Useful and practical phrases, idioms, buzzwords and writing for business communication. Have a fruitful and lovely time learning from this series of English lessons. Extending a sincere thanks to you friends for your support. Welcome You To Subscribe === https://www.youtube.com/user/allstuff33?sub_confirmation=1 Thankful to Shayna from https://www.espressoenglish.net https://www.youtube.com/user/EspressoEnglishNet 1. Ten Phrasal Verbs 2. Meetings 3. Common Writing Mistakes 4. Idioms 5. Buzzwords 6. Positive And Negative Performance Evaluations (Social Media Profiles -- https://plus.google.com and https://www.twitter.com) 【My Mum Stella San 】 https://plus.google.com/114512468123776014795 https://twitter.com/StellaSanLF https://twitter.com/StellaYeahilike 【 Anthony Zheng】 https://plus.google.com/u/0/+ZhengGaoAnthony https://twitter.com/Yeahilike Welcome You To Visit Videos Below 1. https://www.youtube.com/watch?v=HAnw168huqA 2. https://www.youtube.com/watch?v=_2ZDNgtAsbw 3. https://www.youtube.com/watch?v=nXQOXYy8Cv8 4. https://www.youtube.com/watch?v=Pbp-tgXH5Pk https://en.wikipedia.org/wiki/Business_English http://creativecommons.org/licenses/by-sa/3.0/ Attribution-ShareAlike 3.0 Unported (CC BY-SA 3.0) * Towards better understanding and communication in business *
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http://www.engvid.com/ Having trouble writing an email? In this video, I will teach you five useful email expressions that will help you to write better emails. I will also teach some email vocabulary such as forward, attachment, and cc, along with some ways to end emails. Is it okay to use cc as a verb? Watch this class and find out! And don't forget to take the quiz: http://www.engvid.com/5-useful-email-expressions/ TRANSCRIPT: Hi. My name is Emma, and today we are going to look at some very useful email expressions. So we're going to look at five in total, and these email expressions can be used in formal email writing. So I've had a lot of students in the past tell me that they spend hours writing very simple, short emails. These expressions will help you to improve your email writing, and to write emails a lot quicker. So let's get started. Okay, so our first expression, very common: "Please find attached _________." Okay? "Please find attached _________." So, what do I mean by "attached"? So, in this case, "attached" is a verb, but "an attachment", which is the same thing but in the noun form, is an added computer file. So it's a computer file we add to an email. So, what are some examples of attachments? Well: "Please find attached my resume." This may be an added computer file. "Please find attached photos from the conference." So it's a very simple phrase. It's very polite. Notice we have "please". "Please find attached _________." And then you just fill in the blank with the computer file you're adding to the email. Okay? So that's our first expression. Now let's look at our second expression. "I've forwarded _________ to you." Or alternatively, we can also say: "I'm forwarding _________ to you." So, first of all, what do I mean by "forward"? Okay? Well, a forward... "Forwarding" is a verb, but it can also be a noun, as in "forward". So a "forward" is when you get an email and you decide you want to resend the email to someone else, so you forward it to them. So, again, it's when you want to resend an email and you send it to a different email address. So that's a forward. So what can I forward? Well, we've used resume already; we can use it again. "I've forwarded..." Maybe you're forwarding someone else's resume, so: "Bill's resume to you.", "I'm forwarding John's email." Maybe there was a good email he sent, so you want to forward it to someone else to you. So that covers forwarding. K, now let's look at some more expressions. Okay, so expression number three: "I've cc'd/cc'ed/copied _________"-and then you write the name of the person-"on this email." So, what does this mean? Well, sometimes maybe you've written an email to someone, but you want someone else to see what you've written. So the email isn't directed to this person; you just want them to know what's going on, so you might cc them or copy them. Okay? So there are three different ways to write this. Remember, in business writing and in formal writing for emails, we really want emails to be short and to the point. We want them to be concise, so that's why you may see "cc'd", not as a word but just with an apostrophe "d", meaning the past participle. "Cc'ed" or "copied". All of these are correct to use. So I could say: "I've cc'd Umar on this email." Meaning the email goes to someone, but Umar can also see the email too. So the email isn't directed to Umar; he can just see it too. So why might we cc someone? Well, to keep a person, so someone, in the loop. So this is another common expression you may hear. When you keep someone in the loop, it means you want them to know what is going on, so you keep them in the loop. Meaning now they know what is happening. Okay? Expression number four: "If you have any questions, please don't hesitate to contact me." So, first of all, what does "hesitate" mean? This might be a word you don't know. It means to wait. So, this can also sound like: "If you have any questions, please don't wait to contact me." "Hesitate" is, of course, more formal and it's the one that is commonly used. So this is a great way to actually end an email. Towards the end, before you say: "Sincerely", or: "Kind regards, Vanessa", or: "Emma", or: "Umar", or: "John", this is a good thing to write before the very end of the email.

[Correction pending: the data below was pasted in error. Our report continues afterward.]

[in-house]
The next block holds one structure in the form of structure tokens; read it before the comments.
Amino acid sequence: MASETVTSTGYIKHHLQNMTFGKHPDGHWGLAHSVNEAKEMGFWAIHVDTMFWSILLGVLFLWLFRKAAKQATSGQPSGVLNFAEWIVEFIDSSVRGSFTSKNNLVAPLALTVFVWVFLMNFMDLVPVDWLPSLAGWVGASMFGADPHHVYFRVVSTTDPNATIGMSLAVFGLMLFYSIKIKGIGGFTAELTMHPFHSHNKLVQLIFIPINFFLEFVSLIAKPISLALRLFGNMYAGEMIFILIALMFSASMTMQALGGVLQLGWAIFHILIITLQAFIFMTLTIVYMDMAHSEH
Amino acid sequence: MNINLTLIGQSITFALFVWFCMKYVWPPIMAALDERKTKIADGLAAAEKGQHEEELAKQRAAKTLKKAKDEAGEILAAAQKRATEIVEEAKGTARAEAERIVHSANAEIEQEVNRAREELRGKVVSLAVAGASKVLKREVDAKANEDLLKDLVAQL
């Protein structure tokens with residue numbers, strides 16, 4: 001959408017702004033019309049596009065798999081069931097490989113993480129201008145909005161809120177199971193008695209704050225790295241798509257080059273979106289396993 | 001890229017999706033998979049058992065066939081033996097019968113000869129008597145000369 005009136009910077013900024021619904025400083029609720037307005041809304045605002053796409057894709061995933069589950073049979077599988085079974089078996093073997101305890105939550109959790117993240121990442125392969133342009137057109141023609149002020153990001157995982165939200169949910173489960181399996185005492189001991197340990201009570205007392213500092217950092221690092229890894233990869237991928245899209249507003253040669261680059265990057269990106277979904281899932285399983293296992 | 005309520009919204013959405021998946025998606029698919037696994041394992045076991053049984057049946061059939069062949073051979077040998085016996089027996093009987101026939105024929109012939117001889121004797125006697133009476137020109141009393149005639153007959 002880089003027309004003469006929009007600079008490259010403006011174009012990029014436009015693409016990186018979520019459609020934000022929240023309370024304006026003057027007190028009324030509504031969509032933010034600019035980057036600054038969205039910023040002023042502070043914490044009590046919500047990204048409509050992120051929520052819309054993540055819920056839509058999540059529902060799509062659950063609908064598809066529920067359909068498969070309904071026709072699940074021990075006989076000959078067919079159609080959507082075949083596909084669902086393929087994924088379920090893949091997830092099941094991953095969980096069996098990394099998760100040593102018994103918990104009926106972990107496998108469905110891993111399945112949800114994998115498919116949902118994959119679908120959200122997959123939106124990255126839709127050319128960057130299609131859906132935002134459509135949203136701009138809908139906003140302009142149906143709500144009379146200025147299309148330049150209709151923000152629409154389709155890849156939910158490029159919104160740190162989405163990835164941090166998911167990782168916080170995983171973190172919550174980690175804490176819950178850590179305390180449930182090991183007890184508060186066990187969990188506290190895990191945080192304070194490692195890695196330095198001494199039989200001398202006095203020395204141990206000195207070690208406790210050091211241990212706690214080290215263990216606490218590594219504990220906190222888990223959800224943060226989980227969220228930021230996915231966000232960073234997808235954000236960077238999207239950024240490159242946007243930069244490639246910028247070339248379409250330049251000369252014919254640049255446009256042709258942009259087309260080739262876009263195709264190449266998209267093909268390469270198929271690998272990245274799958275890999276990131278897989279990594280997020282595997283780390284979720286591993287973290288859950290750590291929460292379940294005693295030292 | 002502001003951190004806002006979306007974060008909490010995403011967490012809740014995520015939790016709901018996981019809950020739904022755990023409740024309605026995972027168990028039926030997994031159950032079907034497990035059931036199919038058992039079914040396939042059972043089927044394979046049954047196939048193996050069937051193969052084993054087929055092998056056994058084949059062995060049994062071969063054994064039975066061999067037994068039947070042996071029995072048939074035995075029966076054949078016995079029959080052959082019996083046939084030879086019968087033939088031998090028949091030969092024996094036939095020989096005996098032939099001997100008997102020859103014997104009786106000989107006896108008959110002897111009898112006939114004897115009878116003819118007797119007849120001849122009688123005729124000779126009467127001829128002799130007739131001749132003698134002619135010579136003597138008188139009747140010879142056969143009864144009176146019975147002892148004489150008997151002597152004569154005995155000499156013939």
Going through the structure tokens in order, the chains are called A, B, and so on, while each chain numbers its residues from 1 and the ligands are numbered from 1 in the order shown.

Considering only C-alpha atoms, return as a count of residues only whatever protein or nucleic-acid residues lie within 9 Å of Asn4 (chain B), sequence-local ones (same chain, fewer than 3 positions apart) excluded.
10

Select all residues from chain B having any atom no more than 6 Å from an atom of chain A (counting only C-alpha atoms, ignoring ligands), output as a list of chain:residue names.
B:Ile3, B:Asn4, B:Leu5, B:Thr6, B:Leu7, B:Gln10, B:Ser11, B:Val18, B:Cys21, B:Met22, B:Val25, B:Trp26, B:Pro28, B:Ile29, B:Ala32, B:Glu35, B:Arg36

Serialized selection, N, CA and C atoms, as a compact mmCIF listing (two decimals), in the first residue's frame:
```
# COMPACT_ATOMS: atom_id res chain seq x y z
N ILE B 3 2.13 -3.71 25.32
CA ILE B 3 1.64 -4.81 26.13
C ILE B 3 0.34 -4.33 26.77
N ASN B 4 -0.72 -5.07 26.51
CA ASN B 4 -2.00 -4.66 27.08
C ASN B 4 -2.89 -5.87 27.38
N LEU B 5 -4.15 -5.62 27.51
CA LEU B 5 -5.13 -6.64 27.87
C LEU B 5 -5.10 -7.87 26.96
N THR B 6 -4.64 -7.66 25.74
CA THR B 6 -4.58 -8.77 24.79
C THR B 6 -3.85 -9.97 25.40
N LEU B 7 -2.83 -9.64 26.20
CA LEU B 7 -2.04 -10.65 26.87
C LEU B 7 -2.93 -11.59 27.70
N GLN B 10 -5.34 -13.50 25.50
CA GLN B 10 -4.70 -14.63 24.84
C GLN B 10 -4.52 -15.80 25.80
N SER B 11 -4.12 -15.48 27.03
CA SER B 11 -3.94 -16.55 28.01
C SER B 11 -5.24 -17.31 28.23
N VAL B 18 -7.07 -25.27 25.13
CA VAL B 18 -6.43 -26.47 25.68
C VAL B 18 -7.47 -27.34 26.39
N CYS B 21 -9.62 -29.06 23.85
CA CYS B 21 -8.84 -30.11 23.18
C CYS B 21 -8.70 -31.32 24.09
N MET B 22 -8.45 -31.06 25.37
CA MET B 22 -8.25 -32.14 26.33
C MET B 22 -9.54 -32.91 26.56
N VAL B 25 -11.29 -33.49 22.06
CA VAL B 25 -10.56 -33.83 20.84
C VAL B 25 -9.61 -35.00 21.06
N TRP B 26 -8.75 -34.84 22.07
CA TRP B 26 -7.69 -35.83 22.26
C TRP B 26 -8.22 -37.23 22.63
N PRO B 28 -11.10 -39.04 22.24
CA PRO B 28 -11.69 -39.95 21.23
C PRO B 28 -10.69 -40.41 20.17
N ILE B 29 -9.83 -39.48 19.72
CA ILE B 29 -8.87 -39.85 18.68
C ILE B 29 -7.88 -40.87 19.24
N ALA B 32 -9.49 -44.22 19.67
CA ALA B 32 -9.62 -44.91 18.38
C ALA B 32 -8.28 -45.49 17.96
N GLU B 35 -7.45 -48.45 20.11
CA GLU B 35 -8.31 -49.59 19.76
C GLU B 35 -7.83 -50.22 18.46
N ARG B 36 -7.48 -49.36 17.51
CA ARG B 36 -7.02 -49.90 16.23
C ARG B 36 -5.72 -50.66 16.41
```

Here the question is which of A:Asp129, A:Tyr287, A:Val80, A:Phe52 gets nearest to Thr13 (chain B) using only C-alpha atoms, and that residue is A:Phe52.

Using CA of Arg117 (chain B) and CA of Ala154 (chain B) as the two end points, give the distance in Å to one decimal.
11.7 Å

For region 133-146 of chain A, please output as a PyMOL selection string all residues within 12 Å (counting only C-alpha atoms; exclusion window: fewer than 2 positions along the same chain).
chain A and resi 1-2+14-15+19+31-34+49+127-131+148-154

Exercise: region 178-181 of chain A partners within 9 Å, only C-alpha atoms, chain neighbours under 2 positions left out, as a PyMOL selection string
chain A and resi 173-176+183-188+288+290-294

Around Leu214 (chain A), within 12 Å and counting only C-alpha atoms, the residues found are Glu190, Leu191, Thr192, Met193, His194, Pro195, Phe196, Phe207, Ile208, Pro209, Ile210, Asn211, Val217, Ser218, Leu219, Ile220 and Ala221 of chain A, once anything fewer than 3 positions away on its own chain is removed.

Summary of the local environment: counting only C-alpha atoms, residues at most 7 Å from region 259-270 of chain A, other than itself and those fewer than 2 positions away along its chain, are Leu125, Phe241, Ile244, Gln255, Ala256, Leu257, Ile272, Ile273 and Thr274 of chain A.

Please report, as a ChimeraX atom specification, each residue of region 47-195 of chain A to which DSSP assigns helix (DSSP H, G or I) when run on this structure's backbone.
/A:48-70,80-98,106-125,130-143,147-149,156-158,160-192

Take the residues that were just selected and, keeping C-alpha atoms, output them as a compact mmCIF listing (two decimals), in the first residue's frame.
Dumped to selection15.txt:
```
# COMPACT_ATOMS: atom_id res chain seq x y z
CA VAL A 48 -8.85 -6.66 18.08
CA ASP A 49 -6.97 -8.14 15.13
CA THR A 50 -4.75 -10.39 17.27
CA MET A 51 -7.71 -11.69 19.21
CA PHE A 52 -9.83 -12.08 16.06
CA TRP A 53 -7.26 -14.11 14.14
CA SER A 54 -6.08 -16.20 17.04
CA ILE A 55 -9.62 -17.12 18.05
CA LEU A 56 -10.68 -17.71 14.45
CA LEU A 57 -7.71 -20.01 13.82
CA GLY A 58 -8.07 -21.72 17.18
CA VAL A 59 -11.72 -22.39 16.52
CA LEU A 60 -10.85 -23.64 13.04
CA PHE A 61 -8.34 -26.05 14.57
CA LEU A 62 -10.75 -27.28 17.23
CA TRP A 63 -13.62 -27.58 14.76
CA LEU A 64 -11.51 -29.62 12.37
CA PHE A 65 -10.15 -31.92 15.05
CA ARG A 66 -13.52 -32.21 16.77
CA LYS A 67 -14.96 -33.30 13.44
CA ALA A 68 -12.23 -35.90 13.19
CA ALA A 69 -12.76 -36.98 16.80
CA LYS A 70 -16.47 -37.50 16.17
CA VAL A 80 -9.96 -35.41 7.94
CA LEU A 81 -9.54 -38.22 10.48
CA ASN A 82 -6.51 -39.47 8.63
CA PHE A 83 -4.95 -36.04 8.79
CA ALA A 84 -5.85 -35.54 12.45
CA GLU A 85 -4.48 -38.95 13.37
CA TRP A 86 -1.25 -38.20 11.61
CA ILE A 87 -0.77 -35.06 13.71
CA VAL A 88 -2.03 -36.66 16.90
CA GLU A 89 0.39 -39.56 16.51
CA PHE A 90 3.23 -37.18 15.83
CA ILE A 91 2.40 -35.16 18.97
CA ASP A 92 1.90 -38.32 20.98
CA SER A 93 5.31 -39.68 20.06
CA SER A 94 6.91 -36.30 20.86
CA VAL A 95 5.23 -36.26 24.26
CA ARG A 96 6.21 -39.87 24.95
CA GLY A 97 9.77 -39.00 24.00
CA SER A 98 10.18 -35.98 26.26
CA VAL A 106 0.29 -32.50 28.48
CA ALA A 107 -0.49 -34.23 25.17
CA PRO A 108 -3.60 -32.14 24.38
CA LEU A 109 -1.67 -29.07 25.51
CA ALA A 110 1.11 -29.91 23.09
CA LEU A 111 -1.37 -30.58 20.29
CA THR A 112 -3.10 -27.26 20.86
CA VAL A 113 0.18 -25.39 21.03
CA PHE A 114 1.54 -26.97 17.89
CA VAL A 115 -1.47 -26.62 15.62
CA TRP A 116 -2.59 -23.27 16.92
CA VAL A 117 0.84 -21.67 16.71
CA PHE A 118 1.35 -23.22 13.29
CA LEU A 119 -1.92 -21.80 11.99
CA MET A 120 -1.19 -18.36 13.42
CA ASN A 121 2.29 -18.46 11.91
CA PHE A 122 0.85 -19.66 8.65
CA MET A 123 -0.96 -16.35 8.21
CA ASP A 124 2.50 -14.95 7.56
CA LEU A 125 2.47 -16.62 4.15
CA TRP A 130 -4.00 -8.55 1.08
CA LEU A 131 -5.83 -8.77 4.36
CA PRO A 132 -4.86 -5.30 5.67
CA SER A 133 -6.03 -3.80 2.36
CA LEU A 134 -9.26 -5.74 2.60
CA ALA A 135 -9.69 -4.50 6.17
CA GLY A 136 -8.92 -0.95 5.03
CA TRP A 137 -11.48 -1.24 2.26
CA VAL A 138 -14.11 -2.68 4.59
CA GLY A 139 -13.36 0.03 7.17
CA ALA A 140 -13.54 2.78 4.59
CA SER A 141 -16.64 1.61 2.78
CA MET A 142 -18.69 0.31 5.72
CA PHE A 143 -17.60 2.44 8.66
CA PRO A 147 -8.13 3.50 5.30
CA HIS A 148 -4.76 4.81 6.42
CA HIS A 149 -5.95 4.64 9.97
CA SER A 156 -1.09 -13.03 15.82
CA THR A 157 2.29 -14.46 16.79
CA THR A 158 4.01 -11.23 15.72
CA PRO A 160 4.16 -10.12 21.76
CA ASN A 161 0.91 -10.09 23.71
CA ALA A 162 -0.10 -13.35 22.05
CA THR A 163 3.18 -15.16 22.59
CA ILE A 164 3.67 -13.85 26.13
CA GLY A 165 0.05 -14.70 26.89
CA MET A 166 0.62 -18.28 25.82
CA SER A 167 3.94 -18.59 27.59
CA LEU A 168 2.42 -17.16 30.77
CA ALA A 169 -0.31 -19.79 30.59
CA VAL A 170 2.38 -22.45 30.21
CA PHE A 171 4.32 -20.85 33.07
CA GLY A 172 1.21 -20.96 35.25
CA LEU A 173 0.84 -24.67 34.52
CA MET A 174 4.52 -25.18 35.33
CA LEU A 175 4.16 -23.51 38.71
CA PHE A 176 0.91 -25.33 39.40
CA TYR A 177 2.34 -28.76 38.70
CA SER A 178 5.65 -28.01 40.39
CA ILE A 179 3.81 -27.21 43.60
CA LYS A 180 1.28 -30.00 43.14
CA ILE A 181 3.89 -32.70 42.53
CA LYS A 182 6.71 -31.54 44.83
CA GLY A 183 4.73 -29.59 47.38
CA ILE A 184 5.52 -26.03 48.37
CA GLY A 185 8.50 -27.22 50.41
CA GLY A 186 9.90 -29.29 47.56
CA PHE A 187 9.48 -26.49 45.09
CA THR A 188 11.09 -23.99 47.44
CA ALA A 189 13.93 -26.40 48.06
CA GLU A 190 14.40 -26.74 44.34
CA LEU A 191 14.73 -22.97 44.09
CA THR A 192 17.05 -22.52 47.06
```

Examples of Business Email Writing in English - Writing Skills Practice